The camera updates are underwhelming
As an iPhone 5S user I was quietly delighted by how underwhelming the camera improvements were. It makes me feel far better about the phone in my hand right now.
But that isn’t a good thing. The core of the camera in the iPhone 6 and iPhone 6 Plus remains much the same, though the optical image stabilisation in the iPhone 6 could have a big impact.
The other core improvement, the Focus Pixel (read: phase detection) focus system is a nice addition, but I’ve never had any problem with the speed of the iPhone 5S’s camera when focussing. The things I want are a shorter focus distance and a larger sensor and they weren’t here. Ho hum.
SEE ALSO: iPhone 6 vs iPhone 5S
Apple Pay was the most important announcement of the night
I lost a long-standing bet with our News Editor, Luke Johnson, that Apple wouldn’t put NFC in the iPhone 6. Clearly I need to get out of the gambling game.
Apple Pay is a long awaited foray into payments and in taking your wallet digital. There are various standards and systems out there, but Apple’s huge payment database, slick execution and sheer clout of the brand should ensure Apple gains a decent, though probably not decisive, foothold.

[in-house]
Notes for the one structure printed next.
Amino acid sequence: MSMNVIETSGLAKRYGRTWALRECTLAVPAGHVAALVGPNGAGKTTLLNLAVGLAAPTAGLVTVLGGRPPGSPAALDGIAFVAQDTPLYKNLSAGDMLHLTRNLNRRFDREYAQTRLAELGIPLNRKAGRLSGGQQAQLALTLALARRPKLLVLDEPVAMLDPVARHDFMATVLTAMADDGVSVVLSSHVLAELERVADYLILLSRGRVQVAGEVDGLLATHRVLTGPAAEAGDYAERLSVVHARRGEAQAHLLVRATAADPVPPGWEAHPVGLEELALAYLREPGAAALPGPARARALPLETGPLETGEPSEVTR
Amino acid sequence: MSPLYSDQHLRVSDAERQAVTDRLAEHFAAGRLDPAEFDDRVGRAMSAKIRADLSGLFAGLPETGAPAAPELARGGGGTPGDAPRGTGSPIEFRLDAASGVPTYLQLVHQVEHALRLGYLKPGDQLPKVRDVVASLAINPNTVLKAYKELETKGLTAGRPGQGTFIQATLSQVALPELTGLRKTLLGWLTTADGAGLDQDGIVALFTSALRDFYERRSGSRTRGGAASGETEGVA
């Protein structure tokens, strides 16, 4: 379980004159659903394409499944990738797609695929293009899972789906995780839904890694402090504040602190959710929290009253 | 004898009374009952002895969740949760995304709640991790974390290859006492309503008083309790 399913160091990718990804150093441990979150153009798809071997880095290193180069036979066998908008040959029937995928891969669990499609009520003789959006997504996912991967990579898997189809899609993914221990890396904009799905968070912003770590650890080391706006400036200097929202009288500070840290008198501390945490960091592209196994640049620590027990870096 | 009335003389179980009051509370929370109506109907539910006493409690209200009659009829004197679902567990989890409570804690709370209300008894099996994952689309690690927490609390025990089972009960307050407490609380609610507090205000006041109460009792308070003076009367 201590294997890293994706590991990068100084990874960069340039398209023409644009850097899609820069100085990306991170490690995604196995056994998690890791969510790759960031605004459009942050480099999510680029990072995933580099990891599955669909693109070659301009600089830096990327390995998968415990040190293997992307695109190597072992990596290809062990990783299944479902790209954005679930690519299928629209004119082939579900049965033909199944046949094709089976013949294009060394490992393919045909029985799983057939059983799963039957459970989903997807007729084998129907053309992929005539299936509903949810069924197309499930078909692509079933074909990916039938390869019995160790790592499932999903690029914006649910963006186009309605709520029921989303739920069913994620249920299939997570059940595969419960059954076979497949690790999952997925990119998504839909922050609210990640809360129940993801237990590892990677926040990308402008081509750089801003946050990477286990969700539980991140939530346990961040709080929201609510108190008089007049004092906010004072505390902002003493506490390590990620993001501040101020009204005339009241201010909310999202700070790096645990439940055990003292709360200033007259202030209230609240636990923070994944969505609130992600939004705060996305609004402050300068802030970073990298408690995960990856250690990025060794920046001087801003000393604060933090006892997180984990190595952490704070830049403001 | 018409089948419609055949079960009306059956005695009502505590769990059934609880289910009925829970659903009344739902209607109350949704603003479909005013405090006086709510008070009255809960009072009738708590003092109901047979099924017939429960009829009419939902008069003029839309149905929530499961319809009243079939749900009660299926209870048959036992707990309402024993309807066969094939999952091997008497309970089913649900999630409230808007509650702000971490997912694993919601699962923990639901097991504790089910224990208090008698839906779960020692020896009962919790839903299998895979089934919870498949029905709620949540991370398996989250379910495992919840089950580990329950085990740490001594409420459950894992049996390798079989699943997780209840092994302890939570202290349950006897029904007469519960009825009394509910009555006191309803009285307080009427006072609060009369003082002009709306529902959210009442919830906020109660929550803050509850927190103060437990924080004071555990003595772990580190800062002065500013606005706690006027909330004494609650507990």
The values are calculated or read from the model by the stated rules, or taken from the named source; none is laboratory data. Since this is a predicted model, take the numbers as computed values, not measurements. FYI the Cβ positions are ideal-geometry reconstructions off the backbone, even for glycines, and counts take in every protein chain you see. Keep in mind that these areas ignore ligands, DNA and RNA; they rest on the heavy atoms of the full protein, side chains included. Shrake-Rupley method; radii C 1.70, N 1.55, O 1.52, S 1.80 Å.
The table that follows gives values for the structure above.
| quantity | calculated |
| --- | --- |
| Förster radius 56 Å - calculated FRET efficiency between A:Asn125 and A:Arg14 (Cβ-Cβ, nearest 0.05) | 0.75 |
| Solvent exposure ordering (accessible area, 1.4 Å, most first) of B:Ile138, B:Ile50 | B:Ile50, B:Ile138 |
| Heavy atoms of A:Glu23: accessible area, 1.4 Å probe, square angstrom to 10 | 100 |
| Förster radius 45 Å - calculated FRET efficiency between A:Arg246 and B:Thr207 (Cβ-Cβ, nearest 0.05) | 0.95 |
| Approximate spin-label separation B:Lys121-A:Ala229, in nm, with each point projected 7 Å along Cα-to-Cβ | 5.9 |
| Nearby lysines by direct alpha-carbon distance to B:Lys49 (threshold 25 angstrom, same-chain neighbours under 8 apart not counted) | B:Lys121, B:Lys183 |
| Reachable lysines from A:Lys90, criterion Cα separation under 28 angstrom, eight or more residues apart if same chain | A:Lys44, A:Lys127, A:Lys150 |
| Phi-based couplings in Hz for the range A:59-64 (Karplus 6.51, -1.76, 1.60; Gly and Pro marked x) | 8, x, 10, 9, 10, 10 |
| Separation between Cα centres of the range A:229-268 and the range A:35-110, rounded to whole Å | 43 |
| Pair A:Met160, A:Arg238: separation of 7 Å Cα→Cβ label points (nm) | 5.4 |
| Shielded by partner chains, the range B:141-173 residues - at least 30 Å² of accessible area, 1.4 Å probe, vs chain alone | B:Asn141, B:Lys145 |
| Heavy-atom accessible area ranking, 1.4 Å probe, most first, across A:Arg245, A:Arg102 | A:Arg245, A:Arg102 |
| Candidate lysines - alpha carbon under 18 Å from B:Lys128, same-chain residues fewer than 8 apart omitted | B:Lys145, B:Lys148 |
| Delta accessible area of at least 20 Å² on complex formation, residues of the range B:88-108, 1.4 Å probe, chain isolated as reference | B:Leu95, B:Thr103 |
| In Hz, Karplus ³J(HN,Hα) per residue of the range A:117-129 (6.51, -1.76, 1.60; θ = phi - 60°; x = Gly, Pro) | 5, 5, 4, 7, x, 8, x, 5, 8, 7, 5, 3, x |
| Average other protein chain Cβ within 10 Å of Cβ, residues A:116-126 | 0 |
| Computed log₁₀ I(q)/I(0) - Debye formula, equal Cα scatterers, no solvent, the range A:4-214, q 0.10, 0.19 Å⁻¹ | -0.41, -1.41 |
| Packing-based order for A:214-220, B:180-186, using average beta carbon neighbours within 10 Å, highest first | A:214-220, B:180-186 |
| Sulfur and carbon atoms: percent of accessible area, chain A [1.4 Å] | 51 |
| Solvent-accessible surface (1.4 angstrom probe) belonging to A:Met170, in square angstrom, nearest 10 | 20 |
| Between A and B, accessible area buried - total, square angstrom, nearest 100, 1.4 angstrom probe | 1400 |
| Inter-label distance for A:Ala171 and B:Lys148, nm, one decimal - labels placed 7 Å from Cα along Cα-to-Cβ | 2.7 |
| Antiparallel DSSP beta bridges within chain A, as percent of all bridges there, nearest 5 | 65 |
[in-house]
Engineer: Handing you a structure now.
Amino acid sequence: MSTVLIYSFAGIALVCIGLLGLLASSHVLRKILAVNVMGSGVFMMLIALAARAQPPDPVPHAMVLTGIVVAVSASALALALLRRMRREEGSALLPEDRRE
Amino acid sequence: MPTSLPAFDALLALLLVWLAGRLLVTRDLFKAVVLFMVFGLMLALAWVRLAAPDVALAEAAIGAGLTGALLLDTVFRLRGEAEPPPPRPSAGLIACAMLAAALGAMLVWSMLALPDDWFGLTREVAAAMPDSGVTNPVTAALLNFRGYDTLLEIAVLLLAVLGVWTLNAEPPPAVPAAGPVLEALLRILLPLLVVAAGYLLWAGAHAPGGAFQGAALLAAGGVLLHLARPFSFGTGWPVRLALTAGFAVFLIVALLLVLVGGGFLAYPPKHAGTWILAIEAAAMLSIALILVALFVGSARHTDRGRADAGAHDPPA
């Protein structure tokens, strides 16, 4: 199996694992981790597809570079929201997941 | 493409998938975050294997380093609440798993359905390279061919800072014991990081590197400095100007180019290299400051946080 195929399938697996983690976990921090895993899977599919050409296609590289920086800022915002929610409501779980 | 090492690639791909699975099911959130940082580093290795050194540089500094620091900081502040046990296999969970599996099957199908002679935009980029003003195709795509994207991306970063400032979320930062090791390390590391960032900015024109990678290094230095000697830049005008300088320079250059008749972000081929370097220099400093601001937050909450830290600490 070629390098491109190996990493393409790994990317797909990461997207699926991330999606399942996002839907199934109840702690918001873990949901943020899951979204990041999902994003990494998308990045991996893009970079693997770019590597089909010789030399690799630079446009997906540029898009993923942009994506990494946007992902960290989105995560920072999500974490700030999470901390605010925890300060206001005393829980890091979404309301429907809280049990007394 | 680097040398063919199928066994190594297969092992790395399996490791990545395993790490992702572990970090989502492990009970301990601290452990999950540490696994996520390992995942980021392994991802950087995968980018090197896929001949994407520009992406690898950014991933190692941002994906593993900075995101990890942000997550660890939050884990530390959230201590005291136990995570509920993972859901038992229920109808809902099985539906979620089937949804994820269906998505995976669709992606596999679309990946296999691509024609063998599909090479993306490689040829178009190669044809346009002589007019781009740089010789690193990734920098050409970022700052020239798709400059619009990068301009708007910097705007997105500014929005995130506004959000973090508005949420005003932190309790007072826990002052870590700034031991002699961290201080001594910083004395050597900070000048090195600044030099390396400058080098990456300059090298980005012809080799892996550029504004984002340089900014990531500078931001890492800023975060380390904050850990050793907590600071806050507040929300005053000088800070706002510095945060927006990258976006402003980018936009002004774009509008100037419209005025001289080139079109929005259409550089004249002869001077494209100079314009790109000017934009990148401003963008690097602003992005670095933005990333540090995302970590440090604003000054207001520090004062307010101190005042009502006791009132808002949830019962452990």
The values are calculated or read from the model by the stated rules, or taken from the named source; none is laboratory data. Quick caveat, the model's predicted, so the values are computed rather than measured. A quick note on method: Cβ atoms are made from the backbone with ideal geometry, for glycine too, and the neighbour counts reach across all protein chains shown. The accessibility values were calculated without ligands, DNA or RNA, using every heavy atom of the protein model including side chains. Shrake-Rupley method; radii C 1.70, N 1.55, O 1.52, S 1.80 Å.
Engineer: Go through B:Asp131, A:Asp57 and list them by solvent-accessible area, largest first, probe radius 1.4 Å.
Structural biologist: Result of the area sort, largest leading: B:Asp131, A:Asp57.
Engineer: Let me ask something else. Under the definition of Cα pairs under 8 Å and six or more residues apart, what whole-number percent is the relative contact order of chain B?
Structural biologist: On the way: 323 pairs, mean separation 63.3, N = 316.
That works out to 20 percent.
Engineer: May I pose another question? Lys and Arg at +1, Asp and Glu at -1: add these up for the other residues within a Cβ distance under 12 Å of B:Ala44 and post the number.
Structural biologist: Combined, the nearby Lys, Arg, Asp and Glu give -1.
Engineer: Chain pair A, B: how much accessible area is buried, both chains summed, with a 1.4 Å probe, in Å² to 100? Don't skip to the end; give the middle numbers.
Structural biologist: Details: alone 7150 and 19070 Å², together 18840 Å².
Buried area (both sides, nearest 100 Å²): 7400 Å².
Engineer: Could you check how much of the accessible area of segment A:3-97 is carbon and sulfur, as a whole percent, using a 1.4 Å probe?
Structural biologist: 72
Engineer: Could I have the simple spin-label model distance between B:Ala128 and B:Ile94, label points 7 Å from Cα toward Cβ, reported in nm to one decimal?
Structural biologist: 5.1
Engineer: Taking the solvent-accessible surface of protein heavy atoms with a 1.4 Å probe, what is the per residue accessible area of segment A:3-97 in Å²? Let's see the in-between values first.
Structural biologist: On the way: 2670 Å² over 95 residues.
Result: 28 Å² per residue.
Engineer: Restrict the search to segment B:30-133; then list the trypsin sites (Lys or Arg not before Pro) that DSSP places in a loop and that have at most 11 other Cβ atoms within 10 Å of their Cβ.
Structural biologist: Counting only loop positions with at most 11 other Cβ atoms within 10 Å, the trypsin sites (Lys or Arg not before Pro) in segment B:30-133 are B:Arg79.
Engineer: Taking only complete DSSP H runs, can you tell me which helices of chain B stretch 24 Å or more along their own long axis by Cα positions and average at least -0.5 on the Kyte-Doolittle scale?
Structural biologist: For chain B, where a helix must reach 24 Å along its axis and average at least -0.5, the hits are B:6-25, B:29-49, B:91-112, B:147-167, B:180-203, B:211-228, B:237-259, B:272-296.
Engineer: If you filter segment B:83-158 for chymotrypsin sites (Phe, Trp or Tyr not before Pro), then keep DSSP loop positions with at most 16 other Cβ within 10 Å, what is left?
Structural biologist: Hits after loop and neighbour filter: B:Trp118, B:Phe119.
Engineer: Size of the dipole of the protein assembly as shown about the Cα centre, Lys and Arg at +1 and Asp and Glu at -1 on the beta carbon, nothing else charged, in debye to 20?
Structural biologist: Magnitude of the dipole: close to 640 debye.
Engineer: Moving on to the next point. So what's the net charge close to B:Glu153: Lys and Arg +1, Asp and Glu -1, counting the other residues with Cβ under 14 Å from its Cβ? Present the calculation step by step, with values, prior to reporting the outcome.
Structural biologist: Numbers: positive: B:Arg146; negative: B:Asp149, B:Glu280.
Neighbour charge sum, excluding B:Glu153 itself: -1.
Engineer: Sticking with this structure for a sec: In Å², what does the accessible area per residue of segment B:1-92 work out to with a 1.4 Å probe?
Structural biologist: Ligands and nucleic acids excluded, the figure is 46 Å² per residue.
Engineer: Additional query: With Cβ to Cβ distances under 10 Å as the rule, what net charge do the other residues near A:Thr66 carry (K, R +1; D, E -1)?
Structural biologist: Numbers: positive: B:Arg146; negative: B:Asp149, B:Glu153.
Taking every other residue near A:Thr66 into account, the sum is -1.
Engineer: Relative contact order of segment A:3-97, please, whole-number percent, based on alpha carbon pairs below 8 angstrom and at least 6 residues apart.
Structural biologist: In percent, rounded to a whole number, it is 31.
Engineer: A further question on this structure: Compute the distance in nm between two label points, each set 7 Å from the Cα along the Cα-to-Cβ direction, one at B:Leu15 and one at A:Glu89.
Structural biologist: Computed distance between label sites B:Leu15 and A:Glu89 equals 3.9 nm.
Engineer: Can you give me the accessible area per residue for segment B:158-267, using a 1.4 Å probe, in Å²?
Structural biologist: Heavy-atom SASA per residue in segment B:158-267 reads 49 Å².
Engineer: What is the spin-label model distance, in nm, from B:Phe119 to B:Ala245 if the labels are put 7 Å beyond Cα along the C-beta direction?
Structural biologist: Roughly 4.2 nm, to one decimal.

The reason Apple Pay is important, however, is it’s demonstrably transformative. The iWatch, pretty as it is, doesn’t immediately convince. Apple Pay, however, is easy to understand and improves something that’s clunky and irritating — especially in the US where they don’t even have chip & pin.
This is what technology is meant to do.
Apple Watch leaves many questions unanswered
Read Chris Smith’s piece for more in-depth look at this, but the iWatch (dang, that’s Apple Watch!) makes the most convincing case yet in favour smartwatches. It looks great, the software looks slick and it has a few very clever features no one else has yet. A 2015 release is a shame, but it should give developers plenty of time to support it.